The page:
I think I can squeeze this review in before we leave...
By Daniel Clowes
Man, this is one savagely funny satire of the comics industry as a whole, but also the culture of comics and how it interacts with commerce and art. Funny, funny stuff, and even though it was written in the early 90's, it's still pretty valid today.
The main character of the book is Dan Pussey, a Rob Liefeld-like superhero comics artist who stumbles into (relative) fame and fortune by copying the art from the comics he grew up reading as an unsocial nerd. It's pretty amusing to see him blunder cluelessly through the world of comics, beginning when he is signed on as part of the "bullpen" of Doctor Infinity, a guy who represents every unsavory businessman in the history of comics, from the guys who got Siegel and Shuster to sign away the rights to Superman to any mogul that signs his name to somebody else's work. He's a total ass, and he makes it worse by speaking in glorious terms about the majesty of their work on titles like "Muscle-Master" or "Infinity Hombre".
Later, Pussey attempts to enter the world of art comics, and they're just as bad, with artists purposely working in horrible conditions in order to make the work more "authentic":
Pussey turns in the only thing he knows how to do, crappy superhero comics, and the publisher thinks it's genius, perfectly capturing the idiocy of the genre. That is, until he realizes Pussey was serious; that revelation causes him to be physically ill and throw Pussey out. When our hero asks about payment (which seems to be the only thing he's really interested in), the publisher says, "Artists don't get paid! That's not art, that's prostitution!"
We also get to see Pussey's adventures in the world of fine art, his sexual fantasies, his pathetic childhood (in which his parents rejoice upon confirming his heterosexuality by finding a Playboy in his room), his rise to McFarlane-esque fame and fortune, and his eventual death, long after comics have been completely forgotten by society (only Doctor Infinity is remembered, of course). We also get a short criticism of speculator-era comics collecting, one of the few bits of the book that is (slightly) less relevant today than when it was written. All in all, it's a hilarious satire, seemingly coming from a place of deep anger at the comics industry (both "mainstream" and "indie" flavors) and the effect it has on those working within it. It seems nobody is spared Clowes' wrath; it was probably quite therapeutic for him to get this out of his system. I'm glad he did, since it makes for a hilarious read. Now I just need to read some manga or something which will make me feel positive about comics again.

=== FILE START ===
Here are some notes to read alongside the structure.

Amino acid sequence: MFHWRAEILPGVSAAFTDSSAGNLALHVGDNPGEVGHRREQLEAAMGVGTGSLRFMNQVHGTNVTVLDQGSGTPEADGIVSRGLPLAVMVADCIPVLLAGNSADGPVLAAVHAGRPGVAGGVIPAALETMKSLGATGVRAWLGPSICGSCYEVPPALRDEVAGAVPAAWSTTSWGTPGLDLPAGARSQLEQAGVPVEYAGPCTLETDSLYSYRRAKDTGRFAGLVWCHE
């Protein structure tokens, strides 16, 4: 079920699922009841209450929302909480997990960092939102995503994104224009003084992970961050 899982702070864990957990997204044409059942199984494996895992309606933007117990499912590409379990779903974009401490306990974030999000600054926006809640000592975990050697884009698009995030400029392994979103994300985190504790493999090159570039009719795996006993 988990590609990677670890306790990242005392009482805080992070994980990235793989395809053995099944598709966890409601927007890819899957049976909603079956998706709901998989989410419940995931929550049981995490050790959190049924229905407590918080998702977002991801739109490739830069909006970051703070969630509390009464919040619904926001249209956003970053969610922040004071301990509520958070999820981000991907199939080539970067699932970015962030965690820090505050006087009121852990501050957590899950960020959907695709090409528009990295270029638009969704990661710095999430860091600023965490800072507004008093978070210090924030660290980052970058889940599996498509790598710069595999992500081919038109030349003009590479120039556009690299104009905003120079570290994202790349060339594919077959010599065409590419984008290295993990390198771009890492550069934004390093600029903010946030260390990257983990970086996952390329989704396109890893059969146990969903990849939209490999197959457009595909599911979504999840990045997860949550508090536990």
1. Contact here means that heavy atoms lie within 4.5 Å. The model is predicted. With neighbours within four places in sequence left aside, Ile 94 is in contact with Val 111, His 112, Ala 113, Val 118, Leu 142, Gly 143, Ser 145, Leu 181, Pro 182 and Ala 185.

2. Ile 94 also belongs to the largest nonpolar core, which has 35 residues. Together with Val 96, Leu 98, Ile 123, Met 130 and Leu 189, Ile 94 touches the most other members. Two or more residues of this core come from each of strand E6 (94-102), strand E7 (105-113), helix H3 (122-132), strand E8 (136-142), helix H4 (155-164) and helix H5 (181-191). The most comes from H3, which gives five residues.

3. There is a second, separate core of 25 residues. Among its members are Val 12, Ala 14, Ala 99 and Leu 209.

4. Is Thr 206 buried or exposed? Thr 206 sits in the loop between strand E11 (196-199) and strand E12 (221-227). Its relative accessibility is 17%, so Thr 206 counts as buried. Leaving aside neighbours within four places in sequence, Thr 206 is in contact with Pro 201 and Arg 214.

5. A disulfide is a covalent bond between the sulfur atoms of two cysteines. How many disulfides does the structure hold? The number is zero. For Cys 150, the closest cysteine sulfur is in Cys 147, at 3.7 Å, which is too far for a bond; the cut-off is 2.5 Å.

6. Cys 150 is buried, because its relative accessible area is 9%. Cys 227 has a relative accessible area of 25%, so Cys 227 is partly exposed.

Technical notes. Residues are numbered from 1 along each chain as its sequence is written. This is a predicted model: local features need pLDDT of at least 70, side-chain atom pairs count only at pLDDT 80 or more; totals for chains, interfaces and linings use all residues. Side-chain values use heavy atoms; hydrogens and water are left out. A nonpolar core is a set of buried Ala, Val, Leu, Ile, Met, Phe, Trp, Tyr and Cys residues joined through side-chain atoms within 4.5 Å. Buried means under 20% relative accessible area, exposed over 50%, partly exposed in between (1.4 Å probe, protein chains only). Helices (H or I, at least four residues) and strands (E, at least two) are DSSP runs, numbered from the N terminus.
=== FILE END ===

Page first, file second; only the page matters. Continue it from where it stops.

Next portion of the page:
Okay, that's the last post before the trip. I've put all the books I'm bringing over on the sidebar, mostly because it amuses me to see such a long list under "currently reading". As I said, I might manage to write something while I'm away, but it probably won't have any images or anything spiffy like that. Maybe some movie reviews, since I've seen a few recently that I feel like I should talk about. So stay tuned, but don't expect too much. See you when I get back!